As loath as I am to surrender to the “Year of” superlative in the digital advertising space, it’s quickly looking like 2019 is the year of connected TV. Talk at both AdMonsters Ops and Cannes Lions were dominated by the subject, and a new report from advanced video ad server Extreme Reach suggests that nearly half of all video moving through its platform is headed to connected-TV devices.
Analyzing first-quarter 2019 data from its multipurpose video delivery platform AdBridge, Extreme Reach reports that CTV impressions grew 60% year over year from 31% to make up 49% of the whole.
This is a big switch from the same report from a year ago where mobile was the rising star at 33% of total impressions and excitement was growing around 6-second video. Mobile’s impression share fell to 25% while 6-second creatives format slipped from 3% in Q1 2018 to 1% in Q1 2019.
The 30-second spot is back, baby—the tried-and-true format of linear TV represented 69% of all impressions, beating the champion of Q1 2018, the 15-second impression. Interestingly enough, 60-second creative witnessed a fivefold increase… to 3% of all impressions. Not a mind-blowing share, but the growth is impressive enough that Extreme Reach sees the trend extending—possibly even to 2-minute ads, which registered 0.1% of impressions.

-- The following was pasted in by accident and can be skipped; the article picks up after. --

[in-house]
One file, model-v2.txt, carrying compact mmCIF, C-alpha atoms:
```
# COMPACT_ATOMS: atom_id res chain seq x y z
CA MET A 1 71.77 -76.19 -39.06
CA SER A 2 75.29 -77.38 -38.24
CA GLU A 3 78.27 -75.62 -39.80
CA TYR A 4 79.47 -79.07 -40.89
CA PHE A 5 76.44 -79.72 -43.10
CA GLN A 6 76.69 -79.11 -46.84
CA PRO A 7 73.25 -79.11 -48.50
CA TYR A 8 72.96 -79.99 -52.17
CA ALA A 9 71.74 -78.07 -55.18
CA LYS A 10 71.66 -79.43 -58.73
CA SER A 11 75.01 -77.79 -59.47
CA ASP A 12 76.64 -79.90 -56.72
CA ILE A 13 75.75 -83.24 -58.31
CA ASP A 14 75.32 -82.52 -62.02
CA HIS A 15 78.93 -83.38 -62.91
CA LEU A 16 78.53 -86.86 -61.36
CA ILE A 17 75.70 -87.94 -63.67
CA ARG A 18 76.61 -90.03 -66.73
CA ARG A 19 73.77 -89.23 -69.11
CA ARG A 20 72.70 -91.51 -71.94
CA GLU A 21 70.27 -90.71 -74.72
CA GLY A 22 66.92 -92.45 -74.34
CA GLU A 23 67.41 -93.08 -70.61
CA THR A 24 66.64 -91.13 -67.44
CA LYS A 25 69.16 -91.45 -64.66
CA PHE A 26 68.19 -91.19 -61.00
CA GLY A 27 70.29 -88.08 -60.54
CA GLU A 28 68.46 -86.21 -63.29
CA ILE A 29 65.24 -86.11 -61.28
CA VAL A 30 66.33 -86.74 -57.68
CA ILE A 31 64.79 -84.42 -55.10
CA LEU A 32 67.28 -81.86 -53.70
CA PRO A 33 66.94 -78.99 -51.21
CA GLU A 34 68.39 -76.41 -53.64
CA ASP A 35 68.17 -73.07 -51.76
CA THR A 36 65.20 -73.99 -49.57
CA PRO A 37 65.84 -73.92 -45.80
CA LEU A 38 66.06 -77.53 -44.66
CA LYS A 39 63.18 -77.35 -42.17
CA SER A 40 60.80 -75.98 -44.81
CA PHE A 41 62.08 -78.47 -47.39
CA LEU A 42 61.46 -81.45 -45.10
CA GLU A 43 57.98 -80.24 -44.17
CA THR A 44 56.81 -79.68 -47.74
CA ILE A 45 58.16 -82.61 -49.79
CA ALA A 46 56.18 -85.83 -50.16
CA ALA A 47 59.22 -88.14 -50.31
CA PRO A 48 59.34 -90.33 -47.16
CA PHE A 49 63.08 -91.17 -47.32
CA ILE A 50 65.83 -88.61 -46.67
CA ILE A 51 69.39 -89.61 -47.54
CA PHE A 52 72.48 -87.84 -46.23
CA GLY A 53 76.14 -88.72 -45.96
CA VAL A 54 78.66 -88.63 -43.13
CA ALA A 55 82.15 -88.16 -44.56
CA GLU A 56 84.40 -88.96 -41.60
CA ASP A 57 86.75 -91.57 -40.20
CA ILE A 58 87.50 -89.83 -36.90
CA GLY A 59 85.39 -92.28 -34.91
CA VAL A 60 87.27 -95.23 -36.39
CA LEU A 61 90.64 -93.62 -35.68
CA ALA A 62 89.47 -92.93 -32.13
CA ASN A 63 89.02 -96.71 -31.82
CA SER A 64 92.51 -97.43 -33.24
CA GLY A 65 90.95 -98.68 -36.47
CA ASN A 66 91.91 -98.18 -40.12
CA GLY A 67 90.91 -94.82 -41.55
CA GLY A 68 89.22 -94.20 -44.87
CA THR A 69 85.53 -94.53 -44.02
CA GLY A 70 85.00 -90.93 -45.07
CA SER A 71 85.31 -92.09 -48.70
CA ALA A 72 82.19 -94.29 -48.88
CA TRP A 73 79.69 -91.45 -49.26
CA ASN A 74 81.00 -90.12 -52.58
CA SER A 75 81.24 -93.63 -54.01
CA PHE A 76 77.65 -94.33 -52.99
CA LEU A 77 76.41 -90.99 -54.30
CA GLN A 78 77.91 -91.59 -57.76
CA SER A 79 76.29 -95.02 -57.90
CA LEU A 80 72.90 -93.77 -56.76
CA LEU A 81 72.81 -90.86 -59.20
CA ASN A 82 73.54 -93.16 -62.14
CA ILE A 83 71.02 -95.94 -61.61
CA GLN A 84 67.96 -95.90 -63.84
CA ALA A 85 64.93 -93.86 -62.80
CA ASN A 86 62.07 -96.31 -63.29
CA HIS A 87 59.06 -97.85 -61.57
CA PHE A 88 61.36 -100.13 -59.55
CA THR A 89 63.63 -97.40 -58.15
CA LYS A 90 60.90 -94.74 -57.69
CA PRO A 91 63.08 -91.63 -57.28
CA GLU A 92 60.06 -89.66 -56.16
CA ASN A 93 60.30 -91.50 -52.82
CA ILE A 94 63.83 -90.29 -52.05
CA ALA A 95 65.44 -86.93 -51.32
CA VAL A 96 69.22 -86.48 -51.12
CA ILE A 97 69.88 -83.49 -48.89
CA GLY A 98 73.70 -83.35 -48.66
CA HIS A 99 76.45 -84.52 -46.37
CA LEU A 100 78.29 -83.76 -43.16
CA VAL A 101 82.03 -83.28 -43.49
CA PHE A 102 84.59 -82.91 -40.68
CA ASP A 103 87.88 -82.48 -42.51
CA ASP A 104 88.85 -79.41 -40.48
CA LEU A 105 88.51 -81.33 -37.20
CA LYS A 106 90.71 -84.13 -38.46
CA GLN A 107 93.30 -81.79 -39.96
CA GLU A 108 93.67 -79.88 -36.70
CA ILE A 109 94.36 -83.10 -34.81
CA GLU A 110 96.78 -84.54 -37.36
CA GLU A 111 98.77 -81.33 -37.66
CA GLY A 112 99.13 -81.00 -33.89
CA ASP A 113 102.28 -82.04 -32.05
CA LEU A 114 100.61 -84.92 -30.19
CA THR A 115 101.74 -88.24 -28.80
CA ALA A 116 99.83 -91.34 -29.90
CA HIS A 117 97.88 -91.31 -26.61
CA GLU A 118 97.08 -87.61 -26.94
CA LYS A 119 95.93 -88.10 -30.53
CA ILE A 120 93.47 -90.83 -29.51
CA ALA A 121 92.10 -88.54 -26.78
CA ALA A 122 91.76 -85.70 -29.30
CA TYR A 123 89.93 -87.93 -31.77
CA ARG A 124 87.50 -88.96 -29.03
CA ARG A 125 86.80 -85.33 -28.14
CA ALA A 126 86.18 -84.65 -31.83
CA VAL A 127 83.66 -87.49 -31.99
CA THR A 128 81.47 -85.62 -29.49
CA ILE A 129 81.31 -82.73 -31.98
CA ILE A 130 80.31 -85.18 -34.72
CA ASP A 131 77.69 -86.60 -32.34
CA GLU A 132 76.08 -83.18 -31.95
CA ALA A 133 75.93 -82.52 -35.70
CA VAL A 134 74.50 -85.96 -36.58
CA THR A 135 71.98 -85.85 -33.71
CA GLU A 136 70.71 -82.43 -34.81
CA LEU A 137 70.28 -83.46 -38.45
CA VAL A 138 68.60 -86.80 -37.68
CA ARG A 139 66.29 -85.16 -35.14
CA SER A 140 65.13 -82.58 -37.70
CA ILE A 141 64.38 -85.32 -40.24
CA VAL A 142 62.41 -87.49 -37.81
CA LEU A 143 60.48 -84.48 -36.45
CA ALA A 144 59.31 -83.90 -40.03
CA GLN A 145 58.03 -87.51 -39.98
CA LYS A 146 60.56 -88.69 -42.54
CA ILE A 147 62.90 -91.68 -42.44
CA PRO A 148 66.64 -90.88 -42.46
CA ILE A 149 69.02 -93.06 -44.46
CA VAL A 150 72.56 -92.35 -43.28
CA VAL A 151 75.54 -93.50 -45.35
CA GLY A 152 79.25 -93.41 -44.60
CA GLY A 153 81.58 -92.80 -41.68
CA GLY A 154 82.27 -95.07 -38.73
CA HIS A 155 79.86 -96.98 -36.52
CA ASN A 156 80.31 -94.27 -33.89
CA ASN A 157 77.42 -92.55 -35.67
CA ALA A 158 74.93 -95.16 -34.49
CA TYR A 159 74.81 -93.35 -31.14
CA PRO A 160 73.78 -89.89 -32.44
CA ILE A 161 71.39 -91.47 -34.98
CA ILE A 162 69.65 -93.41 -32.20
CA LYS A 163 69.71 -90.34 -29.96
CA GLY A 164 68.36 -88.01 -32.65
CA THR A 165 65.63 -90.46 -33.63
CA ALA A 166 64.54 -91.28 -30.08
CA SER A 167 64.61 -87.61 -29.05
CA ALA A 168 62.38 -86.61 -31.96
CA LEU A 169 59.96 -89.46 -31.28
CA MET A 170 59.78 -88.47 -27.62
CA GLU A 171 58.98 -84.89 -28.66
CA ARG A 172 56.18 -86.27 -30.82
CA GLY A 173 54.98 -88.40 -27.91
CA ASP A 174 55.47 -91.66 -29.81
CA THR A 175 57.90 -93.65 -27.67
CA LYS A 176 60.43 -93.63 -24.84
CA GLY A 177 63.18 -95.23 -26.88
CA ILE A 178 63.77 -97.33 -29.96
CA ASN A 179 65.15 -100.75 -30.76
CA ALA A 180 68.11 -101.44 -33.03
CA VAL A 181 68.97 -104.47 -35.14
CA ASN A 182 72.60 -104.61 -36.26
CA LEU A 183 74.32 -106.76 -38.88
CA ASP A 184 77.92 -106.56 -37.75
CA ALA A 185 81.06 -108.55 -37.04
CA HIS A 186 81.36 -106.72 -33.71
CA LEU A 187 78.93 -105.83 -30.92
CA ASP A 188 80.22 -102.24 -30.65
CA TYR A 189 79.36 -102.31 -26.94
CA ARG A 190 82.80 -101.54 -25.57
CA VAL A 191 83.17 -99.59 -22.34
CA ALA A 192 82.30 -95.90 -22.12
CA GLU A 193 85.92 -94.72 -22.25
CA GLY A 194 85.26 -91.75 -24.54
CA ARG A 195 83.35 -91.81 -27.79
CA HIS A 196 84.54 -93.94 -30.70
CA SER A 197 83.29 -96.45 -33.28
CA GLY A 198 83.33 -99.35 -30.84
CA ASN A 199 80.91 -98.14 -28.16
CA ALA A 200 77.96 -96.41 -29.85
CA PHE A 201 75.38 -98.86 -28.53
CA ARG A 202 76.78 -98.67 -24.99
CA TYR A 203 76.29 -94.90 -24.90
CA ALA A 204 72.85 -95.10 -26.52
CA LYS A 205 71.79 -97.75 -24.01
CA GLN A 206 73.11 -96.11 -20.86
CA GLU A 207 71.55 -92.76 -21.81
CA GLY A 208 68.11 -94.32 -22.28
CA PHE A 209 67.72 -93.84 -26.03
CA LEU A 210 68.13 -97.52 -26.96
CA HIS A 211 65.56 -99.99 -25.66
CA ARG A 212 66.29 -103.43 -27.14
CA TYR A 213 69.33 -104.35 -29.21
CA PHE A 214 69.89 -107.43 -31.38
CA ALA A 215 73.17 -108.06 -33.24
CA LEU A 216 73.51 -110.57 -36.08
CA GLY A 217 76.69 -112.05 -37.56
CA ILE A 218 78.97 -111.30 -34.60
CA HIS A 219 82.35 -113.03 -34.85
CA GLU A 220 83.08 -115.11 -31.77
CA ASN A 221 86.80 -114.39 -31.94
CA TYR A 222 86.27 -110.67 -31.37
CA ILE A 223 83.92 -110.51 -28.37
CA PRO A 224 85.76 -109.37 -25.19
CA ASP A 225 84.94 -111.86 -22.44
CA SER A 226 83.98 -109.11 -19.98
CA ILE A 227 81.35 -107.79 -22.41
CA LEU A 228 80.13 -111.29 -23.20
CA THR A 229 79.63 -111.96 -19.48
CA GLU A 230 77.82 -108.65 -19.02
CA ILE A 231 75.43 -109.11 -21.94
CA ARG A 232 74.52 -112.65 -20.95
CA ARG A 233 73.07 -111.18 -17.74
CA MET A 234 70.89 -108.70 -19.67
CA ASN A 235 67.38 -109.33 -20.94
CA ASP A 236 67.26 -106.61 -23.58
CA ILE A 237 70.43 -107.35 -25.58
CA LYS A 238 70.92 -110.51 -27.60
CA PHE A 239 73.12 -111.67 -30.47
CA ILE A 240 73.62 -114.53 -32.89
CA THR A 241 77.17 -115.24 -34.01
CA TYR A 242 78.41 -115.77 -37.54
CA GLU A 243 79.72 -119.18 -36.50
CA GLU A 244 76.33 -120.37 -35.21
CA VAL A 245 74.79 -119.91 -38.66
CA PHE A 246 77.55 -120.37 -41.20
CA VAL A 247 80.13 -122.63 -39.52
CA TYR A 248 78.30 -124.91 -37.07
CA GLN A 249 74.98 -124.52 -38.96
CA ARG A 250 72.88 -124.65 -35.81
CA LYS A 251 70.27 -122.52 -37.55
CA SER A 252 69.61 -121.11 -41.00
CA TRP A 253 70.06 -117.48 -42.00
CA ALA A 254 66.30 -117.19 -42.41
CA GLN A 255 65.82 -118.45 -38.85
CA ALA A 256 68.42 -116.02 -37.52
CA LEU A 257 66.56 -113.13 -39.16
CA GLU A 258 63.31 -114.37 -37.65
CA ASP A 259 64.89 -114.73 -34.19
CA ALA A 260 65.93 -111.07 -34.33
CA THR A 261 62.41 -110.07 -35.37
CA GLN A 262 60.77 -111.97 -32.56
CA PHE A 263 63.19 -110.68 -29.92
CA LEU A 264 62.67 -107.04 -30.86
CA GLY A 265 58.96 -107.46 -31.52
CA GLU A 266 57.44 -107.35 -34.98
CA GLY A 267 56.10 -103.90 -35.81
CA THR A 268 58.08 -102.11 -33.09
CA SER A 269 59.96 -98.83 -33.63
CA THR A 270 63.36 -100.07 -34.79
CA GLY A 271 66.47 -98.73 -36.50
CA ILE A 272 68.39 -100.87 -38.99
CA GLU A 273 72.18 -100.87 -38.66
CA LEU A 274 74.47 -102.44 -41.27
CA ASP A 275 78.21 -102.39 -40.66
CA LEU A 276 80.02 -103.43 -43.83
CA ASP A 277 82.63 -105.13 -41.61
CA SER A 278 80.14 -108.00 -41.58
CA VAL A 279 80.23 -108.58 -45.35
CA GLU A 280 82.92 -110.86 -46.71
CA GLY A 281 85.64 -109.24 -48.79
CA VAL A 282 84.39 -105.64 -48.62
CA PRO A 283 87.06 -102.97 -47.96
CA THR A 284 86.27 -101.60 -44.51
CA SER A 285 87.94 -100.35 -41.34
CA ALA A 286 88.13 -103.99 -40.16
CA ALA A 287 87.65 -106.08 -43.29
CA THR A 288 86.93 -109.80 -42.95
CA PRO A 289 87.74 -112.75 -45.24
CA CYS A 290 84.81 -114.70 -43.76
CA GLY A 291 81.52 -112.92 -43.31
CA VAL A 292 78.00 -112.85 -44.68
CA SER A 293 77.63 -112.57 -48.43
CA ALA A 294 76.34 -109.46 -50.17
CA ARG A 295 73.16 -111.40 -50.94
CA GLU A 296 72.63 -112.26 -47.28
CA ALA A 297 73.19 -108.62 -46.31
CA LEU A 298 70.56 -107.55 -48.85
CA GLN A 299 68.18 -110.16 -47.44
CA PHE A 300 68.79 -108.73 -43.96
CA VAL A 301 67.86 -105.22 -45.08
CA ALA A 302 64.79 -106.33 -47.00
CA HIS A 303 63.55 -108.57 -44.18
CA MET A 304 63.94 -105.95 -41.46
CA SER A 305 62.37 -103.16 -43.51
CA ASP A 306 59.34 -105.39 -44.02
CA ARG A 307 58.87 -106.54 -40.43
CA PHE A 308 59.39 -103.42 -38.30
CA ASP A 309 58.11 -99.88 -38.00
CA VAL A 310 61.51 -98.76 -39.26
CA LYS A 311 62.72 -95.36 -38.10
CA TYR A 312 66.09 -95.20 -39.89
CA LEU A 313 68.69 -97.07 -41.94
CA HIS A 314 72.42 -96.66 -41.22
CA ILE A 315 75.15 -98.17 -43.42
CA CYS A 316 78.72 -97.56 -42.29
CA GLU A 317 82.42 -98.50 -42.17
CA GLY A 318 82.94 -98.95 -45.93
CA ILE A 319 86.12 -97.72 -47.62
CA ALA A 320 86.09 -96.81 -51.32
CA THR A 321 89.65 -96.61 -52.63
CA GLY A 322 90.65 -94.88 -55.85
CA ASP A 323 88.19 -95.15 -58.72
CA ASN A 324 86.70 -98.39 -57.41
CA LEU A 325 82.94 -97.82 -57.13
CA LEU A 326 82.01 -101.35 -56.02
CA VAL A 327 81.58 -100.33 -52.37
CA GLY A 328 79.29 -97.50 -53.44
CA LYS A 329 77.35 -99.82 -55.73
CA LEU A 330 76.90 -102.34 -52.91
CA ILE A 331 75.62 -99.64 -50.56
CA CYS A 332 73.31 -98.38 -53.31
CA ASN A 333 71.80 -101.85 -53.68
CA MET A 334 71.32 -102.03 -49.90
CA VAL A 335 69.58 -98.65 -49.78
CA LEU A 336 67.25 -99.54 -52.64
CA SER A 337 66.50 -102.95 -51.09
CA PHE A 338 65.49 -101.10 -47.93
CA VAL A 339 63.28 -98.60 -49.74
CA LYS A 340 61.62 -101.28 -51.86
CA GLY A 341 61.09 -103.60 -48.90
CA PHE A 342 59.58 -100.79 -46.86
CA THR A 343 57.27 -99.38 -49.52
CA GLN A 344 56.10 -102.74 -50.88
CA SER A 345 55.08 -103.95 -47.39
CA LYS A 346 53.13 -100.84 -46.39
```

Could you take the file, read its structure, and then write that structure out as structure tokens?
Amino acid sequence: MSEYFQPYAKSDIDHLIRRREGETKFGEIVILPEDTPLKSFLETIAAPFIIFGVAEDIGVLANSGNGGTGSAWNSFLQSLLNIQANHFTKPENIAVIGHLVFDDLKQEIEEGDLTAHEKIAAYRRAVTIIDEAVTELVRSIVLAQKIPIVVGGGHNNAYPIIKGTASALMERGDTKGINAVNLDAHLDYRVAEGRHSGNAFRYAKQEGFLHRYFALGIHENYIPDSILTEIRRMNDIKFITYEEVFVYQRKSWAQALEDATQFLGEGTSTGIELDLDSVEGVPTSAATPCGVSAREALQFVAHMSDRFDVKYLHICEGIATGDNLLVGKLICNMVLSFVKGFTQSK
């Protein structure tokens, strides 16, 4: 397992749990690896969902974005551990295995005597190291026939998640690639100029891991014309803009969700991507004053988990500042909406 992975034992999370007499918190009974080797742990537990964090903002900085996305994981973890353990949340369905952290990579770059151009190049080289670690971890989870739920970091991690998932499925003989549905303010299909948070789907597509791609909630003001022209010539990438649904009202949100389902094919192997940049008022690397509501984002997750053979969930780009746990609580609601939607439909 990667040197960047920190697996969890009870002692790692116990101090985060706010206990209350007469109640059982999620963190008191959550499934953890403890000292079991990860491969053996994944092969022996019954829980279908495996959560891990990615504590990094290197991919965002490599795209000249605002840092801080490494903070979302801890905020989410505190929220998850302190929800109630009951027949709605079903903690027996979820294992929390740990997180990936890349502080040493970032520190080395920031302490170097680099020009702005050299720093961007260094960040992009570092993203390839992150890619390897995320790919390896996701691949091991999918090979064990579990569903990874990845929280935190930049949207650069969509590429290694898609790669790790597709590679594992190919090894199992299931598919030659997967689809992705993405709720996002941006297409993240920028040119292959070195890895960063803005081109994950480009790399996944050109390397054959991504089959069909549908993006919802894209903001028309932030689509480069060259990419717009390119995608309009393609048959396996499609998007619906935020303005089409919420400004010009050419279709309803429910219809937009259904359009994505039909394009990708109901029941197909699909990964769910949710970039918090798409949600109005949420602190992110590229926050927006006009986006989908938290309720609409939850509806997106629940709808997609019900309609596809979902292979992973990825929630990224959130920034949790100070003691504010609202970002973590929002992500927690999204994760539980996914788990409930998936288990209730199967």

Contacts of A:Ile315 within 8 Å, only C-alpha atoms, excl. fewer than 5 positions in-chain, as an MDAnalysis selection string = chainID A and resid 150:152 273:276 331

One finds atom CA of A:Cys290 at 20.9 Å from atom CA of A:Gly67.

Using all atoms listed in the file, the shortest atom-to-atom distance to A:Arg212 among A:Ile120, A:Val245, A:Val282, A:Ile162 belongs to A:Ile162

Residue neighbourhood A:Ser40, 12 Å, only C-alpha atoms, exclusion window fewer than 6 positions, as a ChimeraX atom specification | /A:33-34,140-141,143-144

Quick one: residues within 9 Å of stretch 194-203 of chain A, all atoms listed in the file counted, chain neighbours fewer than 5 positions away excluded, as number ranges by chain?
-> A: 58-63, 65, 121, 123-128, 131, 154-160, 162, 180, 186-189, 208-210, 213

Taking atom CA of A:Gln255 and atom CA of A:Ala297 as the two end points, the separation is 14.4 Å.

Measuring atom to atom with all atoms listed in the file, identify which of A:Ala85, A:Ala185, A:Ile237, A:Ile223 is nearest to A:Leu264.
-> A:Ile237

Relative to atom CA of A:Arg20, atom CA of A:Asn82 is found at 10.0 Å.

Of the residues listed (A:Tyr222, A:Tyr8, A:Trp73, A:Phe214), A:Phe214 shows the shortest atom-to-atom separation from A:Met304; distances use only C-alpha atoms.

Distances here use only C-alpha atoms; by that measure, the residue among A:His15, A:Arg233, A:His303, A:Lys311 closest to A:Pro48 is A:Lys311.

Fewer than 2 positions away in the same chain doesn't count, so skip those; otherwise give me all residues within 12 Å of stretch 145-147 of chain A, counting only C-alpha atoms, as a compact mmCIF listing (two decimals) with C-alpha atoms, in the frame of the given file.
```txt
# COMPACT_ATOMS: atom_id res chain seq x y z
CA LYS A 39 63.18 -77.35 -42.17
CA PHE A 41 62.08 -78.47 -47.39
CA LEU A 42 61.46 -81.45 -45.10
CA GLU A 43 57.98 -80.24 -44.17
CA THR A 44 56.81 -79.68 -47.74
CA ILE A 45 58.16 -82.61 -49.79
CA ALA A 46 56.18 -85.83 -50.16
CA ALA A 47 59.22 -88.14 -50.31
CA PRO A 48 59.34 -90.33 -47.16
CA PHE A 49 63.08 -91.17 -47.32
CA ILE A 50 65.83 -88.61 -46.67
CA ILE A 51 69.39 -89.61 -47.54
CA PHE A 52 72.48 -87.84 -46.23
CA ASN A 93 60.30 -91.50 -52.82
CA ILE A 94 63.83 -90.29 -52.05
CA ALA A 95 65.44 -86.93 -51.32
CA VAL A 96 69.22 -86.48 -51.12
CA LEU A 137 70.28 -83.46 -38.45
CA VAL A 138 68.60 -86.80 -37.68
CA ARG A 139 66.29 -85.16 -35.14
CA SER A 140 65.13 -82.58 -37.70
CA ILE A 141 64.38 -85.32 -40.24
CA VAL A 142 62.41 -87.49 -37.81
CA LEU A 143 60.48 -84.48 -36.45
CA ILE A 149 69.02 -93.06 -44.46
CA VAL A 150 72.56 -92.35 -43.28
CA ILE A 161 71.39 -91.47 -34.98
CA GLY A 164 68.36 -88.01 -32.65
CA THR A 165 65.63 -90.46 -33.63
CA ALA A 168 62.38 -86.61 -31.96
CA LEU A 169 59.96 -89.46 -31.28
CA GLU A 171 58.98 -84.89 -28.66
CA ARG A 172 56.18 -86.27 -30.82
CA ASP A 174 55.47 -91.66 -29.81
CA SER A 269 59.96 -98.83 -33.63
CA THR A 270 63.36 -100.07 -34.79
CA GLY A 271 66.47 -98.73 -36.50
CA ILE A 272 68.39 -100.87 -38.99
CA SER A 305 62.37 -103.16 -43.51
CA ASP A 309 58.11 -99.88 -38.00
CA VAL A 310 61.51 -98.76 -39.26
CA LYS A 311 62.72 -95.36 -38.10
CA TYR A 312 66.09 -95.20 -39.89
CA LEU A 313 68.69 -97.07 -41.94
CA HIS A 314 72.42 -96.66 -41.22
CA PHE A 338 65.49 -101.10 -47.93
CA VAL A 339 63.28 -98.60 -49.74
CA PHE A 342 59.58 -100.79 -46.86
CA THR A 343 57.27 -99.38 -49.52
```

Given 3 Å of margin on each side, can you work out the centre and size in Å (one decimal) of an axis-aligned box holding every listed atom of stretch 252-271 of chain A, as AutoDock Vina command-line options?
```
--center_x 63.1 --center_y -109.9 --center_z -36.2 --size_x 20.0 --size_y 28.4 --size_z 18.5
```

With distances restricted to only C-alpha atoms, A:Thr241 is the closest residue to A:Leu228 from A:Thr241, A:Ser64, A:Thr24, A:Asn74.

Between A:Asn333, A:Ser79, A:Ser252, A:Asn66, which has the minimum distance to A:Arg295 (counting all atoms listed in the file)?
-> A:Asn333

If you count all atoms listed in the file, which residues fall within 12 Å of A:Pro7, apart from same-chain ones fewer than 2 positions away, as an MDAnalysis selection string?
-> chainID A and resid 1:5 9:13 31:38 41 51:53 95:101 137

Certainly with advertising-supported video-on-demand (AVOD) gaining popularity, it’s not hard to see a 2-minute video ad serving as a sole-sponsorship “pre-roll” for content like feature films. Hulu has experimented over the years incentivizing users with a commercial-free viewing after watching a single long-form ad.
And 6-second creative further loses luster when those 30-second CTV ads share the medium’s 97% completion rate. Thirty-second spots overall had a 91% completion, compared to 76% for 6-second—another black mark.
Finally, the impressions are heading to premium publishers—up to 82% vs. 71% a year ago. Content aggregators have seen their share dip from a high of 37% in Q2 2018 to just 18% in Q1 2019.
But the graph above suggests the makeup is still radically swinging—I wouldn’t be surprised to see a completely different look as smaller content producers (you might call them long-tail) increasingly distribute and monetize their content via aggregators. After all, that’s one of the biggest programmatic opportunities in CTV.
There’s far more in the full report, including in-depth data on IVT and viewability. But it’s hard to ignore the top-line message: CTV has come into its own, and looks like it will soon dominate digital video advertising.